I have gotten a lot of nice messages today from folks who read the Charles McNulty story on the cover f the Arts Section in the Sunday LA Times. They ran it with a huge half-page picture of my dad on the cover over the headline “SO METHODICAL,” and on the interior another full page with a picture of me and my mom in front of the school with the headline “TECHNIQUE STANDS THE TEST OF TIME.” Thanks to those of you who sent me notes – double thanks to those of you who actually read past the headlines before sending me the note!
It is an interesting experience to talk about our work. Of course as a journalist McNulty is interested in finding drama. News needs either “New” or “Conflict” so they have to search for one or the other to make the article interesting. That said, your best bet to understand our work is to study it, use it, live with it. We work better than we talk.
People like to talk about theories of acting. But we are not theoretical. My father said our work is not a theory because a theory is something which has not yet been proven. So far, no interview has ever been able to capture that element in our training. How do you explain or describe the change in your life when you gain knowledge of yourself? When you learn discipline? When you learn a new skill? These moments are not accomplished by sitting around talking. The sky does not open up, and the angels don’t sing (usually, at least).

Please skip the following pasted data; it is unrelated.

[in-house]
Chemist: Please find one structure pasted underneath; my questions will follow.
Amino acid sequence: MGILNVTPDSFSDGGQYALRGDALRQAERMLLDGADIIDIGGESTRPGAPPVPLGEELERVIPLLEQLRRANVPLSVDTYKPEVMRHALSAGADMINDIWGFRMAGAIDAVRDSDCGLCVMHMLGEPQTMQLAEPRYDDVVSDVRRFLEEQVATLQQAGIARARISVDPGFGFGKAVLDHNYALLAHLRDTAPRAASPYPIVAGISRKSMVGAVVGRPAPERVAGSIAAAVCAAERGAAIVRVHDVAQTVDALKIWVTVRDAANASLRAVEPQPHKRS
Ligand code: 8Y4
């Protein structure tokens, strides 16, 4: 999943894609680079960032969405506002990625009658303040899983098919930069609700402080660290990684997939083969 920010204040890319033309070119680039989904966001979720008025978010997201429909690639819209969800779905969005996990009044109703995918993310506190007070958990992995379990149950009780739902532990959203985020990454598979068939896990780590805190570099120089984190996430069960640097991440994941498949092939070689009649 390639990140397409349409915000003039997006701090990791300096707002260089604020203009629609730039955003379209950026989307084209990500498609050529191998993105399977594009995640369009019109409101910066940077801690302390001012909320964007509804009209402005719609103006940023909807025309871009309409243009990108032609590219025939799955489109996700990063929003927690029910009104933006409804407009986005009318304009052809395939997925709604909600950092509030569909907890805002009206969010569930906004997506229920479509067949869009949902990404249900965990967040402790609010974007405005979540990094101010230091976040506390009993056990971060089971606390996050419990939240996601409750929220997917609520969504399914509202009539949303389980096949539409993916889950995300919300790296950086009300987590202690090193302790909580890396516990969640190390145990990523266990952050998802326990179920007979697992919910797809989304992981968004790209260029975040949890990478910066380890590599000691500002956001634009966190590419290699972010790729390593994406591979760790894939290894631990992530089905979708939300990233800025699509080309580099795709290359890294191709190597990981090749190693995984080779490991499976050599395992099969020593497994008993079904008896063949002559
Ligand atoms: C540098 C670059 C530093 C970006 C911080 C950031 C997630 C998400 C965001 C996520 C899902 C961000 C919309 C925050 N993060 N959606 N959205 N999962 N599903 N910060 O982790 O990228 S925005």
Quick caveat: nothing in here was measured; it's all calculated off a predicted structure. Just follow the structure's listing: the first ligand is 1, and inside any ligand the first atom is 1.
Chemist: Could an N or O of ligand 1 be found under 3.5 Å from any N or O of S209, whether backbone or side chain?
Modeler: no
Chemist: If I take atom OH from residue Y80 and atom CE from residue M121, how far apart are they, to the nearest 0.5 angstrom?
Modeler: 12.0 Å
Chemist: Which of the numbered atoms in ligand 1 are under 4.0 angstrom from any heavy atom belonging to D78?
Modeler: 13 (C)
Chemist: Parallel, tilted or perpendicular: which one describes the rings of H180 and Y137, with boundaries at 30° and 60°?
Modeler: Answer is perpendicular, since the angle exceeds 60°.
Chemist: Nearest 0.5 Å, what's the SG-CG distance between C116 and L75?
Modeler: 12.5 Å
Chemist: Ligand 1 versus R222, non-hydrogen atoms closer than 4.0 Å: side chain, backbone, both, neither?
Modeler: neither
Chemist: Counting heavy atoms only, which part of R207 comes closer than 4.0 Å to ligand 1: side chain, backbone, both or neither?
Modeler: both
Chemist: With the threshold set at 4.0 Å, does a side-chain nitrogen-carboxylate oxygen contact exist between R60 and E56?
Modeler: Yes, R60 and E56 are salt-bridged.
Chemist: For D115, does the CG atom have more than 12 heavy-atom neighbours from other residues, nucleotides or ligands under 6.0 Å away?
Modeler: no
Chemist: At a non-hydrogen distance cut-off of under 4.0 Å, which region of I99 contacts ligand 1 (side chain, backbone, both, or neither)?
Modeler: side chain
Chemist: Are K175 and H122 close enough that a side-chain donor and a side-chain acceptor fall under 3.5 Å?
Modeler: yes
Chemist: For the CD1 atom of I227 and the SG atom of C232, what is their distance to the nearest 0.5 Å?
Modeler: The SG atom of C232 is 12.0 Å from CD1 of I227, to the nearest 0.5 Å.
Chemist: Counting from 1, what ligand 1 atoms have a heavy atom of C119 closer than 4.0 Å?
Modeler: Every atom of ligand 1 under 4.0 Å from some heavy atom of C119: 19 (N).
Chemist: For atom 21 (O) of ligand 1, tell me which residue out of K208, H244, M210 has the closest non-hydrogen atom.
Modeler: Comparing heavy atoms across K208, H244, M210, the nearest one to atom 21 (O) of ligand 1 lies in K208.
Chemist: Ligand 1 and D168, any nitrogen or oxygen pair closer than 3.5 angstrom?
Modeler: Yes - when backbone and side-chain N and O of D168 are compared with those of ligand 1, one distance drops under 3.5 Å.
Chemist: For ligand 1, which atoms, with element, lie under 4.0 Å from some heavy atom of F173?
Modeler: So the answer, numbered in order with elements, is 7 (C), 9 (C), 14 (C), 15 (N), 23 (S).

The power of training as an actor – or as anything else for that matter – is the momentum of countless hours spent getting better. How do you capture the grandeur of THAT in a tape recorder?
You need human material to paint that picture…. Hmmmm… Maybe we need a Method movie.